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Personal Transport Advisor: an integrated platform of mobility patterns for Smart Cities to enable demand-adaptive transportation systems

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Putting the info into urban mobility

The EU-funded PETRA project has developed a service platform for connecting providers and controllers of urban transport with travellers to better align transport offerings with citizen needs.

Digital Economy icon Digital Economy
Transport and Mobility icon Transport and Mobility

Infomobility is where big data and everyday travel converge. The concept involves the use and distribution of dynamic and selected multi-modal information to end users – both before and during a trip – with the goal of creating more efficient and higher-quality transport systems. For European cities, the concept has huge potential for helping them achieve their mobility and Smart City objectives. And although both the transport systems and the big data exists, the challenge is bringing the two together. The aim of the EU-funded PETRA project was to connect these dots by developing a service platform for connecting providers and controllers of urban transport with travellers. The resulting platform fuses different data from various city sources, travel operators and citizens, performs a broad class of predictive analytics, detects real time events and provides information services to transportation service providers and city stakeholders, allowing them to optimise their transport offerings according to citizen needs. ‘With PETRA, cities received an integrated platform to enable the provision of citizen-centric, demand-adaptive city-wide transportation services,’ says project coordinator Sebastiaan Meijer. ‘At the same time, travellers get mobile applications that empower them in making travel priorities and choices for route and modality.’ Clearing up the uncertainty The PETRA project successfully achieved a handful of important milestones. For example, it made significant technological advances in providing travel advice during times of uncertainty. ‘Capturing urban dynamics requires that data formats are simple yet complete enough to annotate uncertainty in a way that preserves the fine-grained detail required for travel advice,’ explains Meijer. ‘Here we developed a method for obtaining better uncertainty, predominantly for public transport modes, that was robust for the messy data situation that is typical for realistic city contexts.’ Meijer adds that while this method requires further advances to be demonstrated, it is simple enough to be used and applied widely. Benefiting from the experts Another important achievement was the development of methodologies and tools to capture city expertise in formal and managerial formats. ‘The involvement of cities and their stakeholders in constructing and managing an infomobility platform opens the door for using their expertise in constructive manners – something that isn’t possible when aiming for a generic solution for all cities,’ says Meijer. ‘It is a well-known fact that city professionals know urban dynamics very well and activate this knowledge when managing disruptions and events, and we wanted to be sure to capture and incorporate this knowledge into our platform.’ In Venice, for example, a simulation model was developed to capture pedestrian dynamics based on the lowest number of modelling assumptions possible. Using the insight of city professionals, this model evolved into a city-wide simulation capturing the city’s busiest tourist hotspots. Parameterisation of the model was done based on available static data, and full validation was done by local experts. ‘Since these experts were well-positioned to predict the dynamics on busy, normal and calm days regarding queueing and crowds at major points of interest, the simulation produced baseline data files for the travel advisory platform,’ says Meijer. ‘With these baselines, and a file that Venice policy makers make every year that predicts which days will be busy, normal or calm, in Venice the PETRA platform can provide dynamic advise based on expert judgement of what the situation will be.’ Bringing tech and management together With the project now concluded, researchers are working with various European cities to help integrate PETRA’s findings into their infomobility strategies. Furthermore, it is expected that some of the technical infrastructures developed within the project will form the basis of various spin-off projects – further strengthening the project’s impact. ‘From the start, our goal was to generate new knowledge and methods to further develop the role of cities in infomobility,’ says Meijer. ‘The PETRA platform is the integration object that brings technology and management together into demonstrable synergy.’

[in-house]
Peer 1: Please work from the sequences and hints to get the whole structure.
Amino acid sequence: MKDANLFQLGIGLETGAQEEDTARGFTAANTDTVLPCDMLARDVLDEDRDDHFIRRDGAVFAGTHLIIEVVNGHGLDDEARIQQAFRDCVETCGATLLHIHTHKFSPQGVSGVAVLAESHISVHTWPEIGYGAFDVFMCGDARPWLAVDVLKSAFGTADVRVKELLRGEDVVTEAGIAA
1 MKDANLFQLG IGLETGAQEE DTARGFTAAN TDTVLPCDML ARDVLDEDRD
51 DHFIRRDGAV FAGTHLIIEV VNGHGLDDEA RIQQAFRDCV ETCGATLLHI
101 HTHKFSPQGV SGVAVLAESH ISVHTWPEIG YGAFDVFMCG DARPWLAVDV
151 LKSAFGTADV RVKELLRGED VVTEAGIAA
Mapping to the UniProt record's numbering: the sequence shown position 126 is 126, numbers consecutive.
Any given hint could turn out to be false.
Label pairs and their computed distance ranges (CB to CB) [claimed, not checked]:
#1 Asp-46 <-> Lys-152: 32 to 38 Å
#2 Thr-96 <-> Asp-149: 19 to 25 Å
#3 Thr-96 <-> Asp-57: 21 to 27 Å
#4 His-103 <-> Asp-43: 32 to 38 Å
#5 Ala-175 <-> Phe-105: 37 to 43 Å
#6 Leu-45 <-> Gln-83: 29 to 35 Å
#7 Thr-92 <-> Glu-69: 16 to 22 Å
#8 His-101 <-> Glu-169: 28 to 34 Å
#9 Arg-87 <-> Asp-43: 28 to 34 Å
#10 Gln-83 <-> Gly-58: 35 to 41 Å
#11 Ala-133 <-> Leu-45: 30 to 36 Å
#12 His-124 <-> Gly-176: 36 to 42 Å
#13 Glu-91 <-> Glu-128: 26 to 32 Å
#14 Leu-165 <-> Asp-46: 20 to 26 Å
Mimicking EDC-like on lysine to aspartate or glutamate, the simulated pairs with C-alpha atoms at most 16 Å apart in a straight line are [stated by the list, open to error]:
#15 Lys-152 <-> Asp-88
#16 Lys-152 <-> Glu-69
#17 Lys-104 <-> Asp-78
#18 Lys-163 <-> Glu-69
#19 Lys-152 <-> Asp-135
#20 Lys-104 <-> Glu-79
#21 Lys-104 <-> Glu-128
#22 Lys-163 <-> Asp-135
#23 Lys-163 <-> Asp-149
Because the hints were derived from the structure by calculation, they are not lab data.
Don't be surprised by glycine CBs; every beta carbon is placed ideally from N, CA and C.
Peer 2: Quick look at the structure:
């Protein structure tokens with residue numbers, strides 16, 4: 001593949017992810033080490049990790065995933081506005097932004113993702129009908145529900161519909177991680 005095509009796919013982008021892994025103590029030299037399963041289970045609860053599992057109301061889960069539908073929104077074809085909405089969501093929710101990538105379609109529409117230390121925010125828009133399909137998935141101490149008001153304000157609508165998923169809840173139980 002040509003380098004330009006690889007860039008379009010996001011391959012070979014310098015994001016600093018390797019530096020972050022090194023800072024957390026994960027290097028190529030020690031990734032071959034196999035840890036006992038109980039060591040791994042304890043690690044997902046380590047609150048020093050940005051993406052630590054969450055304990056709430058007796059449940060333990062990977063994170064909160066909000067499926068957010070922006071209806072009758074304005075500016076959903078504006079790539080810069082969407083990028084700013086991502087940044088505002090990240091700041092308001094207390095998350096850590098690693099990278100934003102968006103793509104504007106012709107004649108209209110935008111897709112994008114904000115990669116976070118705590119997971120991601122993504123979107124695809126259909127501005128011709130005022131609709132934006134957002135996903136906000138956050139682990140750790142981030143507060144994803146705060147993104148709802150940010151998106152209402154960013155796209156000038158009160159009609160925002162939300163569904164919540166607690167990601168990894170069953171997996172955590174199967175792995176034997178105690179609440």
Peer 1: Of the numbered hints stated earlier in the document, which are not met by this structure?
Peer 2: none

PETRA, ICT, Smart Cities, Infomobility, public transportation

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